STS-95 Fact Sheet

By Cliff Lethbridge

STS-95 — Discovery

92nd Space Shuttle Mission

25th Flight of Discovery


Curtis L. Brown, Commander

Steven W. Lindsey, Pilot

Scott E. Parazynski, Mission Specialist

Stephen K. Robinson, Mission Specialist

Pedro Duque, Mission Specialist, European Space Agency

Chiaki Mukai, Payload Specialist, Japanese Space Agency

John H. Glenn, Jr., Payload Specialist

Orbiter Preparations:

Two to Orbiter Processing Facility – June 15, 1998

Rollover to Vehicle Assembly Building – September 14, 1998

Rollout to Launch Pad 39B – September 21, 1998


October 29, 1998 – 2:19:34 p.m. EST. Launch was initially delayed about eight minutes to allow discussion and resolution of a master alarm indication heard during leak checks of cabin pressure following closure of Discovery’s hatch. Launch was delayed about an additional 11 minutes due to an aircraft that strayed into the launch danger area.

Following ignition of the three main engines, the door covering Discovery’s drag chute compartment was torn off, but caused no damage to the Space Shuttle during launch.


November 7, 1998 – 12:04:00 p.m. EST at Runway 33, Kennedy Space Center. Rollout distance was 9,508 feet. Rollout time was 59 seconds. Mission duration was 8 days, 21 hours, 44 minutes. Landing occurred during the 135th orbit. The drag chute was not deployed at landing due to a loss of the drag chute compartment door during launch.

Mission Summary:

The mission featured the return to space of John Glenn, who flew in space for the first time since becoming the first U.S. astronaut to orbit Earth on February 20, 1962 during mission MA-6.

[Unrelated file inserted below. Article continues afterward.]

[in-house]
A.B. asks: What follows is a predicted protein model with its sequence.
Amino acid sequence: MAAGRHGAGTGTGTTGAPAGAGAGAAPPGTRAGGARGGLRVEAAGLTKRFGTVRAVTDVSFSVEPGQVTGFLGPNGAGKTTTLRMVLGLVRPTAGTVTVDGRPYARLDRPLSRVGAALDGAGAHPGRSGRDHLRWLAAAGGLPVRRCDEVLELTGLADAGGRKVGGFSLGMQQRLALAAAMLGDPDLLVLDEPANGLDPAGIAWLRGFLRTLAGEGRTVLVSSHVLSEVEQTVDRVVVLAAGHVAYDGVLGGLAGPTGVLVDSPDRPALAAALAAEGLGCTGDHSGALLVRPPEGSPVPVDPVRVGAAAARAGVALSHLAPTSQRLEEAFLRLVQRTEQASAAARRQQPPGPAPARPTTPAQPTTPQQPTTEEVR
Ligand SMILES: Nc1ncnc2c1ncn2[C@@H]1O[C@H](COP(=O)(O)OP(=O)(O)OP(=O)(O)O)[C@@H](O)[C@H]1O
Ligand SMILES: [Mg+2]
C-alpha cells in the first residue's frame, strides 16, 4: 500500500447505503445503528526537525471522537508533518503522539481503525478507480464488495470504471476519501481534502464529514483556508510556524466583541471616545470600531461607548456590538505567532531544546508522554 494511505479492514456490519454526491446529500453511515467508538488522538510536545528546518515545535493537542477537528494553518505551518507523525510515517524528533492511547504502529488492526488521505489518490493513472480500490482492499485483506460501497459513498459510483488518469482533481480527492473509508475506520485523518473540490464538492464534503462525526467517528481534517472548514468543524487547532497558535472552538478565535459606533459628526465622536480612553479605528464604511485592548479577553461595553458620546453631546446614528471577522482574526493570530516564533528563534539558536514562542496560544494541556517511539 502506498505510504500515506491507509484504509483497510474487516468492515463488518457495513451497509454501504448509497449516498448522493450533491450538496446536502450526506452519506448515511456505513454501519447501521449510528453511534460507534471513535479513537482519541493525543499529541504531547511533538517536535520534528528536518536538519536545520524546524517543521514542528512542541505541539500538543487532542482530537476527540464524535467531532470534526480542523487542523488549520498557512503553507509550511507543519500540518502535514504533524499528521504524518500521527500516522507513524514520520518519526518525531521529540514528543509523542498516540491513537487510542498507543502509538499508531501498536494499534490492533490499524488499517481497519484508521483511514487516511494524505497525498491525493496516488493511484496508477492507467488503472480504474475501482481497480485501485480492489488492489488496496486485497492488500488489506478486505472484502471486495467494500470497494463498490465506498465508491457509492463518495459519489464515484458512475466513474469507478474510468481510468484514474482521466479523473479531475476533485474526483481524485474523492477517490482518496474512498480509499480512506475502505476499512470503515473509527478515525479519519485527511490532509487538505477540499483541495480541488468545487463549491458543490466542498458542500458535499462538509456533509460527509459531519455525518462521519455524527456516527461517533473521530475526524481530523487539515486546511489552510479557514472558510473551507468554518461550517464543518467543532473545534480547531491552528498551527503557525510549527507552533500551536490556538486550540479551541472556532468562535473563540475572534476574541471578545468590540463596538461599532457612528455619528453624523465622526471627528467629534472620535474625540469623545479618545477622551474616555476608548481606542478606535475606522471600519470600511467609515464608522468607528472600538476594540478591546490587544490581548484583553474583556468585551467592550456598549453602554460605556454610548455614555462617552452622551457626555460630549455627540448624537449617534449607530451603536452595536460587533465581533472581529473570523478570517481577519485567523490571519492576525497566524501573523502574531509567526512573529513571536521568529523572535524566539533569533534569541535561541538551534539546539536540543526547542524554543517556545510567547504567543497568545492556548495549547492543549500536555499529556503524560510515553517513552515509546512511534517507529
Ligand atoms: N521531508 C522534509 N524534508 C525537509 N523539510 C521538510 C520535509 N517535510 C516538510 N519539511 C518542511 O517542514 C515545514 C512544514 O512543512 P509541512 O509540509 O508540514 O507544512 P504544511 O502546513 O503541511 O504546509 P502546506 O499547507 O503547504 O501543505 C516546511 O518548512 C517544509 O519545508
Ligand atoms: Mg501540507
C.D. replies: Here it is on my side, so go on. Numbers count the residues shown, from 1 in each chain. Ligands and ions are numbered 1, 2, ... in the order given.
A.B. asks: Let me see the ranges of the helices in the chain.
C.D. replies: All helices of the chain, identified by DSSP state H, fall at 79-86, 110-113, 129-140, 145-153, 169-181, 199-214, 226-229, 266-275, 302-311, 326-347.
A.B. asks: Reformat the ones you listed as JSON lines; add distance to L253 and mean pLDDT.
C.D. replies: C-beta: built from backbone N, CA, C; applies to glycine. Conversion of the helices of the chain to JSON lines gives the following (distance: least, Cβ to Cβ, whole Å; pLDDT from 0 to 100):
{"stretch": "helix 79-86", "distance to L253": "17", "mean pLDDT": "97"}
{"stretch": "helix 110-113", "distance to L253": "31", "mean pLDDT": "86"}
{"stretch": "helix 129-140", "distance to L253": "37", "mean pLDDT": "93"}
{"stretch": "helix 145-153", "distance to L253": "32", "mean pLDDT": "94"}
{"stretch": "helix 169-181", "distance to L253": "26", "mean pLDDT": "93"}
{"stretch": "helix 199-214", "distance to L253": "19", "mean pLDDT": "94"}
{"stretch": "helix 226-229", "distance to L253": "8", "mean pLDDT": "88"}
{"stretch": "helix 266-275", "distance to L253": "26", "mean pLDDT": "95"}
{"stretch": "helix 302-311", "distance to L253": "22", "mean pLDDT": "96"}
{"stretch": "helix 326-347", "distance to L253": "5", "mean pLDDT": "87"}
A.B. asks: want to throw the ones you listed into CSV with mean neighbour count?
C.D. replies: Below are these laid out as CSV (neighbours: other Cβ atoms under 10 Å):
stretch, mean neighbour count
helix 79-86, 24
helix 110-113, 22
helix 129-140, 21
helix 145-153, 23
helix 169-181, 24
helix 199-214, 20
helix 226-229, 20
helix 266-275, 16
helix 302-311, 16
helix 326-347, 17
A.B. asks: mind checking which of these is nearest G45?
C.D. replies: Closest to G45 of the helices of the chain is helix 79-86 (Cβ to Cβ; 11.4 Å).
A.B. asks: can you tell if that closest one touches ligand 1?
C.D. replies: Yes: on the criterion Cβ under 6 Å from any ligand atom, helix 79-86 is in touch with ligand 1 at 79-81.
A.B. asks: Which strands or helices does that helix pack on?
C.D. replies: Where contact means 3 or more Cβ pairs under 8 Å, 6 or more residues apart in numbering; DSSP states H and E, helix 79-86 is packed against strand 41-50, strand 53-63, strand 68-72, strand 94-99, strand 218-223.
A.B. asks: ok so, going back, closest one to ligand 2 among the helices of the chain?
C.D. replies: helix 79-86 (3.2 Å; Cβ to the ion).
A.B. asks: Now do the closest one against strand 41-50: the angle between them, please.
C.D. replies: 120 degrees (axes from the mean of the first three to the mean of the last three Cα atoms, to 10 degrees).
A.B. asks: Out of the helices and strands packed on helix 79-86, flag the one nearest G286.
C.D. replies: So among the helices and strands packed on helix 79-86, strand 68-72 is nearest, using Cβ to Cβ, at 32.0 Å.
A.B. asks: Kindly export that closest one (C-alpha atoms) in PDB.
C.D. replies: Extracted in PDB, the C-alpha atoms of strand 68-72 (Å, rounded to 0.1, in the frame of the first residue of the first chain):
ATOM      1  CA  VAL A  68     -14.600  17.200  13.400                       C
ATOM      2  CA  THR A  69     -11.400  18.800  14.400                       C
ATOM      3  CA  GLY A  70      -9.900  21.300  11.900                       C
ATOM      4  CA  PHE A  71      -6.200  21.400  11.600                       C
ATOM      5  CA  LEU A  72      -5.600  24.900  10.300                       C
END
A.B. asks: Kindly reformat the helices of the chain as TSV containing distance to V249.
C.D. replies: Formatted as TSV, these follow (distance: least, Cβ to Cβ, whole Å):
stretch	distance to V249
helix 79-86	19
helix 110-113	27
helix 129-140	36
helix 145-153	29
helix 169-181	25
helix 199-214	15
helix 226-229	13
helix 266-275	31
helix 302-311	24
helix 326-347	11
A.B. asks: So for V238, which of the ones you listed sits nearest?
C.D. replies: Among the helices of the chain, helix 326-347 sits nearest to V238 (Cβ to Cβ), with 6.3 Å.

At age 77, Glenn became the oldest human in space. The flight also marked the longest time between space flights for an astronaut, as Glenn was launched on STS-95 exactly 36 years, 8 months, 9 days after completing mission MA-6.

Although the participation of Glenn became the central focus of the mission, a plethora of scientific investigations were conducted aboard the pressurized Spacehab laboratory module housed in Discovery’s payload bay.

About 80 experiments were conducted primarily in the fields of medical and materials science research. A battery of medical tests were performed on astronauts Glenn and Duque to help better understand the effects of weightlessness on balance, perception, immune system response, bone density, muscle density, metabolism, blood circulation and sleep.

The crew released and recaptured the Spartan free-flying satellite, which was designed to study solar wind activity to help better understand the potential disruptive effects of solar winds and similar electromagnetic phenomena on electrical and communications systems on Earth.

A small satellite called the Petite Amateur Naval Satellite (PANSAT) was released to study methods of more effectively relaying interference-prone low-power radio transmissions from Earth to satellites in space.

In addition, the Hubble Space Telescope Orbiting Systems Test (HOST) was flown to test hardware that will be used during the third scheduled Space Shuttle mission to service the Hubble Space Telescope. The International Extreme Ultraviolet Hitchhiker payload was also flown in Discovery’s payload bay.